Based on the English model, providing financial incentives to attract qualified graduates and retain serving English language teachers can also be considered. However, whether such measures would help alleviate the shortage in the long term is too early to judge at the moment. As the experience in England suggests, the key issue also appears to be raising the morale among language teachers, which has not been helped with frequent media criticism of the declining English standards of teachers, including their allegedly ¡§poor¡¨ performance in the recent LPAT examination. 

c.      Recruiting teachers from overseas                                       Up

Recruiting teachers from overseas has been a measure adopted by the UK (see Section 3.a.iv.). This was not entirely a new concept to Hong Kong. Before the seventies, many grant schools in Hong Kong did employ a lot of overseas teachers. In addition, with the recommendation of ECR5 in 1992, a Non-graduate Teacher Qualifications Assessment Scheme (NGQTA) was launched to enroll non-commonwealth teachers for local schools. Likewise, native-speaking English teachers (NET) have been employed to teach English in our schools, though its purpose is to enable students to be in contact with native speakers of the language, and less of a solution to teacher shortage. 

Apart from recruiting English language teachers from overseas, mainland China may prove to be a possible source of teacher supply for local schools in certain shortage subjects, such as Putonghua.  

However, as in any labour importation scheme, there are political and educational issues the government and teacher unions have to face.  For example, the General Teaching Council for England has maintained that there is a need to balance recruitment of teachers from abroad with adequate numbers of teachers in England.  It is likely that similar concerns  will be raised by teacher unions in Hong Kong. In addition, there is also a moral concern of wealthier countries/regions solving their teacher shortages through hiring teachers from developing nations which are already facing an impending crisis in teacher shortages of their own.

d.     Financial incentives to attract new teachers and retain serving
        teachers                                                                                     Up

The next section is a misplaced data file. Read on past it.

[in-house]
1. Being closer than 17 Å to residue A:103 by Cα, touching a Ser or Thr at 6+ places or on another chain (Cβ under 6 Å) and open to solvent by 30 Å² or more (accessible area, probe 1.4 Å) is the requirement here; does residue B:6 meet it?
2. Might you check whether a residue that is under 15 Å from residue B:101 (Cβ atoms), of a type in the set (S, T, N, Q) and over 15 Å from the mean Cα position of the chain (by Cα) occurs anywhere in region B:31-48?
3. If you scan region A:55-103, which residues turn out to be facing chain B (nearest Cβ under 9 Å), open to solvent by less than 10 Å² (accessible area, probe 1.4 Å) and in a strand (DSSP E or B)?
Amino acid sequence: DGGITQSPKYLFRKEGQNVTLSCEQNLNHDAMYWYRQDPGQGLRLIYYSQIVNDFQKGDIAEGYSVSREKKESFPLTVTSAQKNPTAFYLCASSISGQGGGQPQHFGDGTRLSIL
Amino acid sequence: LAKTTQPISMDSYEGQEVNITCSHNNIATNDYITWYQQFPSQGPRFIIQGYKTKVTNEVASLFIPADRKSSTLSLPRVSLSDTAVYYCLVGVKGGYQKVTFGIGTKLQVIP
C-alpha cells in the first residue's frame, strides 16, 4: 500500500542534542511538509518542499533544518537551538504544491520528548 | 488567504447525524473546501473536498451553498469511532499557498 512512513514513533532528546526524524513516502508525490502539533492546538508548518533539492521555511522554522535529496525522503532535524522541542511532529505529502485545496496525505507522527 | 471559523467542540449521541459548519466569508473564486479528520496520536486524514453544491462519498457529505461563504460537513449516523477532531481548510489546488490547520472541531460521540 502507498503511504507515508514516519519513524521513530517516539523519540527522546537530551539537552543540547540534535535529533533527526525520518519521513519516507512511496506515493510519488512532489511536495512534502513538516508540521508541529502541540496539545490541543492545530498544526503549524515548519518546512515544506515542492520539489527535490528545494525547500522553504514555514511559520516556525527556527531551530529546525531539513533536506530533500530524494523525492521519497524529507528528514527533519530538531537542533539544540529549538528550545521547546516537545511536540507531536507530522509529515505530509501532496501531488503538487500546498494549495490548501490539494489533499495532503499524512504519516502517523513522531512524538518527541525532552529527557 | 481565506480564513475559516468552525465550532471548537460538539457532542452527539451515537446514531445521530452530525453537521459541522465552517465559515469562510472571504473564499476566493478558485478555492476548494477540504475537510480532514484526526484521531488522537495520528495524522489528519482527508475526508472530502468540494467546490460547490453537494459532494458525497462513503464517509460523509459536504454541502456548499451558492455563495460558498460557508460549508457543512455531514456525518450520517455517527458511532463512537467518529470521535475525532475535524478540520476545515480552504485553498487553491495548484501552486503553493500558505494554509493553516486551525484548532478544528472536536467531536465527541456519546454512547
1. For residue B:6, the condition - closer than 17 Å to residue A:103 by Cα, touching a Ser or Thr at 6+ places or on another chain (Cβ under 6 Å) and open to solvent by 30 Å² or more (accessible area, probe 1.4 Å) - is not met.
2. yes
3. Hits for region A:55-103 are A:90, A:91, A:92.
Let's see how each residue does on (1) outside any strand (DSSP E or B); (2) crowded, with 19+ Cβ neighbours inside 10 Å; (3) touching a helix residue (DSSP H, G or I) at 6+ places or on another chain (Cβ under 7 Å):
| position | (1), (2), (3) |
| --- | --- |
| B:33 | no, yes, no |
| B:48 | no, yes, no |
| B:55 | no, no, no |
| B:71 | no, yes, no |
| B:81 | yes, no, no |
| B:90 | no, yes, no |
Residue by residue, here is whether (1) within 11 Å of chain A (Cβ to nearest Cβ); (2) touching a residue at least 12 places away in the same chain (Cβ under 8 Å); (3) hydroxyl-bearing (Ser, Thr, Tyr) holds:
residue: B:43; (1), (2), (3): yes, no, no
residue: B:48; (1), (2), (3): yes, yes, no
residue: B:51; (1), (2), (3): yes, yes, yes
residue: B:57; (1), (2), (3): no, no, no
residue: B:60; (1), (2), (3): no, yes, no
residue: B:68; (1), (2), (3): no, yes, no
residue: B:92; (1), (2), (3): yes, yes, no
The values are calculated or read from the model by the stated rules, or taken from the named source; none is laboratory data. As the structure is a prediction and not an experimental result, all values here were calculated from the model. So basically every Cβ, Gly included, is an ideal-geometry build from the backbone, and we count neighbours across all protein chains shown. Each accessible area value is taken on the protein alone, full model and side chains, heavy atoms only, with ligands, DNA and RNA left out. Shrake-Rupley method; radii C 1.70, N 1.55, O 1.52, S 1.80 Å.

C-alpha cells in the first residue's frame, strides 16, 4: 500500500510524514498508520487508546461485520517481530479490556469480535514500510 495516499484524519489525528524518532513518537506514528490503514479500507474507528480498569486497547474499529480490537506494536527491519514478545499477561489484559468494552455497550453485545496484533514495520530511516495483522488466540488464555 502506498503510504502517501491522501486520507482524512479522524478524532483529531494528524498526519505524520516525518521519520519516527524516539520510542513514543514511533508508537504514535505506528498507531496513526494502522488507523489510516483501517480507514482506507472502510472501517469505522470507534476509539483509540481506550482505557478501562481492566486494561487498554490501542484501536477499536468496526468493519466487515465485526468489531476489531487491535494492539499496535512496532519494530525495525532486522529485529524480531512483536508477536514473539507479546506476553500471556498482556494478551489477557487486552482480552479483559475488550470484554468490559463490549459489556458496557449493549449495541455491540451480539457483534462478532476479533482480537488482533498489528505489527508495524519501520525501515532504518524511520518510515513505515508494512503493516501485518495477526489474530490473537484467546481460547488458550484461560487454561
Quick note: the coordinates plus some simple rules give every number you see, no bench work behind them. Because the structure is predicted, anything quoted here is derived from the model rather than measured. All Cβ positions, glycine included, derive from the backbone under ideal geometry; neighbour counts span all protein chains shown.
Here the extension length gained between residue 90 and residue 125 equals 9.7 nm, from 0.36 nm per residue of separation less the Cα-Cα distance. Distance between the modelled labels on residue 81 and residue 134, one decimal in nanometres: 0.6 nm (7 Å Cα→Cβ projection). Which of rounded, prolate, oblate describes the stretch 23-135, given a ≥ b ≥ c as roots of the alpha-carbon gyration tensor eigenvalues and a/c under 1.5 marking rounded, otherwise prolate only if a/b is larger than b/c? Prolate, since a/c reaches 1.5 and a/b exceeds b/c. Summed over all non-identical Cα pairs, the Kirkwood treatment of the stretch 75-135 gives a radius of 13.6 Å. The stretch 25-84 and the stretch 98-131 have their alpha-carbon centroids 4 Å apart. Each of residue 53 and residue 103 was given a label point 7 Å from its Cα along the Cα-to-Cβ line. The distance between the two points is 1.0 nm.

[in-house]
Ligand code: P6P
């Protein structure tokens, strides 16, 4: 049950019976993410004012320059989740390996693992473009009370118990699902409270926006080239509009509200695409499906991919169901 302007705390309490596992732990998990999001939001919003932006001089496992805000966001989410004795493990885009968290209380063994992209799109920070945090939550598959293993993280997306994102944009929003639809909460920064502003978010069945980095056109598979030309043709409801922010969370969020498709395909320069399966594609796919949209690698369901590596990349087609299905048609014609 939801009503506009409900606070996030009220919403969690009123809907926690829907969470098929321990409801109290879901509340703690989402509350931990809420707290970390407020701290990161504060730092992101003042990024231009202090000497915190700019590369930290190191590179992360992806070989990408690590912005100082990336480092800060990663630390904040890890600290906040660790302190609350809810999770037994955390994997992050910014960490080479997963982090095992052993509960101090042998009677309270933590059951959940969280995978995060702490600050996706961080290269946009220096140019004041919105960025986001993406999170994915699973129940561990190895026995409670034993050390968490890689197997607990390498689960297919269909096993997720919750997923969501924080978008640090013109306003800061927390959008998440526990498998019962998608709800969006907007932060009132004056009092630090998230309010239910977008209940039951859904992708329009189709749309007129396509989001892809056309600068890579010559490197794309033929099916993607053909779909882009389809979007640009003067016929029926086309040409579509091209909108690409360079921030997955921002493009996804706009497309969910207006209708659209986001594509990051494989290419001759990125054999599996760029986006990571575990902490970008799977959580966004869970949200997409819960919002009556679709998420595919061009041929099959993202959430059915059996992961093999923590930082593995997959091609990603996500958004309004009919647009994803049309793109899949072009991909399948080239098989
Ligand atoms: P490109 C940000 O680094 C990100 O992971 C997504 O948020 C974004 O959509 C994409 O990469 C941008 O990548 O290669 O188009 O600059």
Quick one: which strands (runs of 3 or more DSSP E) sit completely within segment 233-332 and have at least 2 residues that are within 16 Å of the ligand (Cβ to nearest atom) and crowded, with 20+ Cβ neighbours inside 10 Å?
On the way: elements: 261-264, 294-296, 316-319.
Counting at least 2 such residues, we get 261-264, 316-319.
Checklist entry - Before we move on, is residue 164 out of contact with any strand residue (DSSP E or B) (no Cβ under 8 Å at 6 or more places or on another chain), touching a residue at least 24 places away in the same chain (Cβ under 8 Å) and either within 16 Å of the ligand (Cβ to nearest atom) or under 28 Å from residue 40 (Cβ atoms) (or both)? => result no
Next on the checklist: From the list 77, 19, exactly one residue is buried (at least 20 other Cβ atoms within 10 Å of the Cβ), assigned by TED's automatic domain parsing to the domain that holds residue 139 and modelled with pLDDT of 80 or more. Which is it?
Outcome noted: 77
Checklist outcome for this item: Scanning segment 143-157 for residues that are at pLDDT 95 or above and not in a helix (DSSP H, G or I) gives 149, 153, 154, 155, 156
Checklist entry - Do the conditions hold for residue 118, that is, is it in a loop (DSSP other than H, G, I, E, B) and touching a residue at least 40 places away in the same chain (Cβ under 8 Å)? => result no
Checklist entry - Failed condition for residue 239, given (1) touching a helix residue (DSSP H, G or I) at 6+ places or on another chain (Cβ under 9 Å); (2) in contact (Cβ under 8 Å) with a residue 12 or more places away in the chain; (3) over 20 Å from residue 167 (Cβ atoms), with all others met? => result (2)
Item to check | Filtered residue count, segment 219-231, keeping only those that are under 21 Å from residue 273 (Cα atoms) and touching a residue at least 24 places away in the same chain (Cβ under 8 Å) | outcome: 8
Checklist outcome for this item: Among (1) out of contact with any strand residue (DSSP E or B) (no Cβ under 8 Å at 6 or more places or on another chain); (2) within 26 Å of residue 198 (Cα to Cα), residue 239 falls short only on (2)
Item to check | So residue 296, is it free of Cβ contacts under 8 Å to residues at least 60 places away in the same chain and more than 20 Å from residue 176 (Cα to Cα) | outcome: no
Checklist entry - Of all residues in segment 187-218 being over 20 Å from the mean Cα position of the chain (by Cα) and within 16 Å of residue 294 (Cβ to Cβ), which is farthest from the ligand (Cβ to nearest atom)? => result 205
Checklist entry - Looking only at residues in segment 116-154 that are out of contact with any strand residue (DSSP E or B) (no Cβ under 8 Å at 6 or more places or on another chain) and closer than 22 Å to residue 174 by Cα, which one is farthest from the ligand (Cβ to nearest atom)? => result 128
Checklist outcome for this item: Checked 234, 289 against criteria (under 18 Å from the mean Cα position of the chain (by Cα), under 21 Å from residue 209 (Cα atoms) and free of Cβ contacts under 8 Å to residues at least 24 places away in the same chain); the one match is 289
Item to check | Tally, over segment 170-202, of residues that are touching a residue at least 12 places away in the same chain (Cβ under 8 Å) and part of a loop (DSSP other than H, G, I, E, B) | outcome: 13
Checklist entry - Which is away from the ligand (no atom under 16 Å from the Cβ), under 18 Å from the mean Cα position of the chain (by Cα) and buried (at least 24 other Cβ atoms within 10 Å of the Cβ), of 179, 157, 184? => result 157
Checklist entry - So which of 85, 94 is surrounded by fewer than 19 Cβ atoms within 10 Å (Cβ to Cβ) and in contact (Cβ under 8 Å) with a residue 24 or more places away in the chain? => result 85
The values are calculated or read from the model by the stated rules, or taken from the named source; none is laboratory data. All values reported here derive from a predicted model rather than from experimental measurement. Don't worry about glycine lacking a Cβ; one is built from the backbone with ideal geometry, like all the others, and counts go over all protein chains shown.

In Section 3.a.ii, we report numerous financial incentives that the English government has adopted to attract graduates to join the teaching force and to retain serving teachers. These include those specifically targeted at shortage subjects and talented teacher trainees, as well as measures to retain key serving staff.

With the demanding education reforms in Hong Kong, it will be necessary for the government to provide incentives to attract quality graduates to join the teaching profession and to increase the retention of quality serving teachers. A more fundamental strategy, however, is to reform the existing teacher compensation system to reward teachers based on performance and responsibilities.

Preferential treatment for subject teachers with severe shortage problems, or providing special allowances or bonuses to ¡§elite¡¨ teachers may help to attract or retain quality teachers which are in demand. However, such a policy has its potential divisiveness.  Creating different pay scales according to these criteria is new to Hong Kong, and may create concern of fairness or equal treatment among teacher unions.

Apart from financial incentives, the experience in England has consistently reminded us the need to raise the status of the teaching profession and improve the morale of the teachers.  Teachers in both places appear to be overwhelmed by too much paperwork and the struggle to cope with over-hasty changes brought by education and curriculum reforms.

e.     Increasing retention through strengthening induction and
        continuous professional development                                       Up      

An important aspect to alleviate the teacher shortage problem is to ensure qualified teachers joining the profession will stay. This includes establishing effective induction systems to help the novice teachers integrate into schools.  As pointed out in Section 3.b.i., the experience of the first couple of years¡¦ teaching experience can be a decisive factor whether the novice teacher wants to stay in the profession. 

Our UK counterpart has proposed a more systematic CPD and support to novice teachers. The UK experience has informed us that setting up a system, with monetary or workload reduction incentive may involve effectively more experienced senior teachers to be mentors, helping the new teachers to settle in and develop further. For Hong Kong, despite the ECR5 first addressed teacher induction to be developed in schools to support new teachers, the system has not yet been well developed. A possible measure is for teacher education providers to expand their existing mentoring schemes for student teachers to an established system supporting novice teachers. However, this will also have resource implications.

On continuous professional development, there has been hitherto no systematic requirement for Hong Kong teachers to be engaged in professional development programmes after they have obtained their QTS. The Education Department is developing a framework for teacher development in the form of a career ladder. A framework which supports teacher development and linked to teacher compensation would be very useful to support teachers and attract more quality teachers to remain in the profession.

[ Foreword ] [ Preface ] [ Background ] [ Teacher Shortage ] [ Measures to Solve Teacher Shortage ] [ Implications for Hong Kong ] [ Conclusion ] [ Reference ] [ Web Linkage ][Appendixes]